Betty White: The Loss of a Pop Culture Icon


Alan Light/Creative Commons Attribution

The famed actress, Betty White, at the 1988 Emmy Awards.

Abigail Stookey, Writer

The 1950s were arguably the beginning of modern pop culture when media finally began to become something we would recognize today, for better or for worse.  This was when shows like I Love Lucy were on the air, and when Elvis Presley was first surging onto the stage of public consciousness.  This was the dawn of superstars, of the forefathers of the music and movies we know and love today.  There had been those who had come before them, those who would come after, but there is still so much we owe to this decade alone.

Betty White began her career among such pioneers of early pop culture, even if she was not one of the greats of the decade.  That would come later, and it was something she most certainly earned.  She began her career on radio shows, later appearing on the TV show Hollywood on Television in 1949.  She would go on to co-create and star in the 1953-1955 sitcom Life with Elizabeth and would continue being a popular name in various sitcoms over the next few decades.  However, her true stardom comes from the 1985-1992 The Golden Girls, a role that would truly cement her as a face of American sitcoms.

The actress was well known for her humor, talent, and tenacity.  She came off as authentic, happy to speak her mind, and people loved her for it, well beyond the roles that fill so many with nostalgia now.  Her spirit never seemed to age, taking years with bright optimism and comedic talent that never failed.  That was what truly carried her to popularity, proving that despite the fact she hadn’t been front and center at the beginning of her career—alongside those pioneers of modern culture—she will go down in history, no less of a pop culture icon.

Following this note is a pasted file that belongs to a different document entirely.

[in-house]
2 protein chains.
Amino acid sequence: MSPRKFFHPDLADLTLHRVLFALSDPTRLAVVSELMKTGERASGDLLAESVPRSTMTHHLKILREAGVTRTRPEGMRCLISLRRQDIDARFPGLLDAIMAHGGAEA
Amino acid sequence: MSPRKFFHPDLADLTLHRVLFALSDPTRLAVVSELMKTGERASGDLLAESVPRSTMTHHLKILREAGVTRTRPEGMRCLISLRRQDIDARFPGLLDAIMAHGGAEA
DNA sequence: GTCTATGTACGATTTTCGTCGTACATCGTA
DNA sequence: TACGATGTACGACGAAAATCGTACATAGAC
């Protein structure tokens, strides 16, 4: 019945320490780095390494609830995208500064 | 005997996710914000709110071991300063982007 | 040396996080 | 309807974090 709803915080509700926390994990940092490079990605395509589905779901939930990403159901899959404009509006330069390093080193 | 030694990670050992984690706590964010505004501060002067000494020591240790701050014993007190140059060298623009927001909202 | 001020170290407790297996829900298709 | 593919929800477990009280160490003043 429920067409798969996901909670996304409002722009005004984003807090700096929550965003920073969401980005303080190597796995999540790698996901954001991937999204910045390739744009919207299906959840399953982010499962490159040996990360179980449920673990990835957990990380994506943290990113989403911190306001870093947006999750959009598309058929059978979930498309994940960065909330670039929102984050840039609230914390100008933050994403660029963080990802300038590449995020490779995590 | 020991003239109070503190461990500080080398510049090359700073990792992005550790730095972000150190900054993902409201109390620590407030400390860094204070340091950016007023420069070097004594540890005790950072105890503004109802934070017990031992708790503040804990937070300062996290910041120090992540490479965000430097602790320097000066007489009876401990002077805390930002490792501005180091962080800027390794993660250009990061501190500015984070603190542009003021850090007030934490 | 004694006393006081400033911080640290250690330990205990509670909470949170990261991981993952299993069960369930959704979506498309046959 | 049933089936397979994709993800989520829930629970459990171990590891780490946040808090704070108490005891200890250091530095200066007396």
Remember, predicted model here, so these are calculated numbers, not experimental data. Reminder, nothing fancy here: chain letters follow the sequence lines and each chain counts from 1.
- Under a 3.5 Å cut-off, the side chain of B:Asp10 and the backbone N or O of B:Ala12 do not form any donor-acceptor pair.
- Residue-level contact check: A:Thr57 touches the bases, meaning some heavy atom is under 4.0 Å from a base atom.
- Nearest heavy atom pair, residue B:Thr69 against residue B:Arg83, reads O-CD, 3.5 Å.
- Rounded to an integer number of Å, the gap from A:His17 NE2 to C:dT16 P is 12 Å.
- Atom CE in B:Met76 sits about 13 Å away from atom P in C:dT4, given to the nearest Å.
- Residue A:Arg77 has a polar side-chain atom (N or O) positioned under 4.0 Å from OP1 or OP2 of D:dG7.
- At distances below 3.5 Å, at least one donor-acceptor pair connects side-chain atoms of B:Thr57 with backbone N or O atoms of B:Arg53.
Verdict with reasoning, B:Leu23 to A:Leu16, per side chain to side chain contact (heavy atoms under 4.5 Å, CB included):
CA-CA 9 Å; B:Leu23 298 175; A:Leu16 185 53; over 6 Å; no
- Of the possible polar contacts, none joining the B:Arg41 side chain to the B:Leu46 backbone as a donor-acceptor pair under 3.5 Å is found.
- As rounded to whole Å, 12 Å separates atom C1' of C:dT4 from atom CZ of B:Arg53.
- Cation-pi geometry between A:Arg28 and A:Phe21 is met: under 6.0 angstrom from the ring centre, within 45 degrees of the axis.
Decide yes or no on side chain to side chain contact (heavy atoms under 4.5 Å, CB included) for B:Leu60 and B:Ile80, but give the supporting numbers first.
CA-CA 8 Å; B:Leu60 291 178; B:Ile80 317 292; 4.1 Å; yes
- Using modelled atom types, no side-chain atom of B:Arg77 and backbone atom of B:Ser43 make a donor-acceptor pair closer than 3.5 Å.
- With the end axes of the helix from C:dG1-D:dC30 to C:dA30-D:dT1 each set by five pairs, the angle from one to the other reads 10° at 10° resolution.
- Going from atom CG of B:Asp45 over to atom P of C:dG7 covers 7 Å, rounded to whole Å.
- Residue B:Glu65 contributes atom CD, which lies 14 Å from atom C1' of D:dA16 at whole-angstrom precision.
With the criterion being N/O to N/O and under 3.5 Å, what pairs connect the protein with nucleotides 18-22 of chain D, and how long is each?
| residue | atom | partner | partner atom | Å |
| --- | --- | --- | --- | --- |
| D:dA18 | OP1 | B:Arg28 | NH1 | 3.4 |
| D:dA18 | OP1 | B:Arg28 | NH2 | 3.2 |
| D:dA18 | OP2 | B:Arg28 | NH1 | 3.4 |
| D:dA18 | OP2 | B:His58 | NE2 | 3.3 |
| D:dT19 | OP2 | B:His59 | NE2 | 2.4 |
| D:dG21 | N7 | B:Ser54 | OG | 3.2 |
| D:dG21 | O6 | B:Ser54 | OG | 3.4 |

On December 31, 2021—with her hundredth birthday celebrations ready to go and the other side of the century awaiting for her—Betty White died peacefully in her sleep.  A stroke nearly a week before had taken its toll, but she was thankfully in her own home when it took her.  On New Years Day the news of her death was so recent that theaters were still playing trailers for her hundredth birthday celebrations, and people were still accepting that the news of her death wasn’t fake.  We truly had lost not only a star who’d helped shape our humor and culture but a beacon of optimism in the world at large.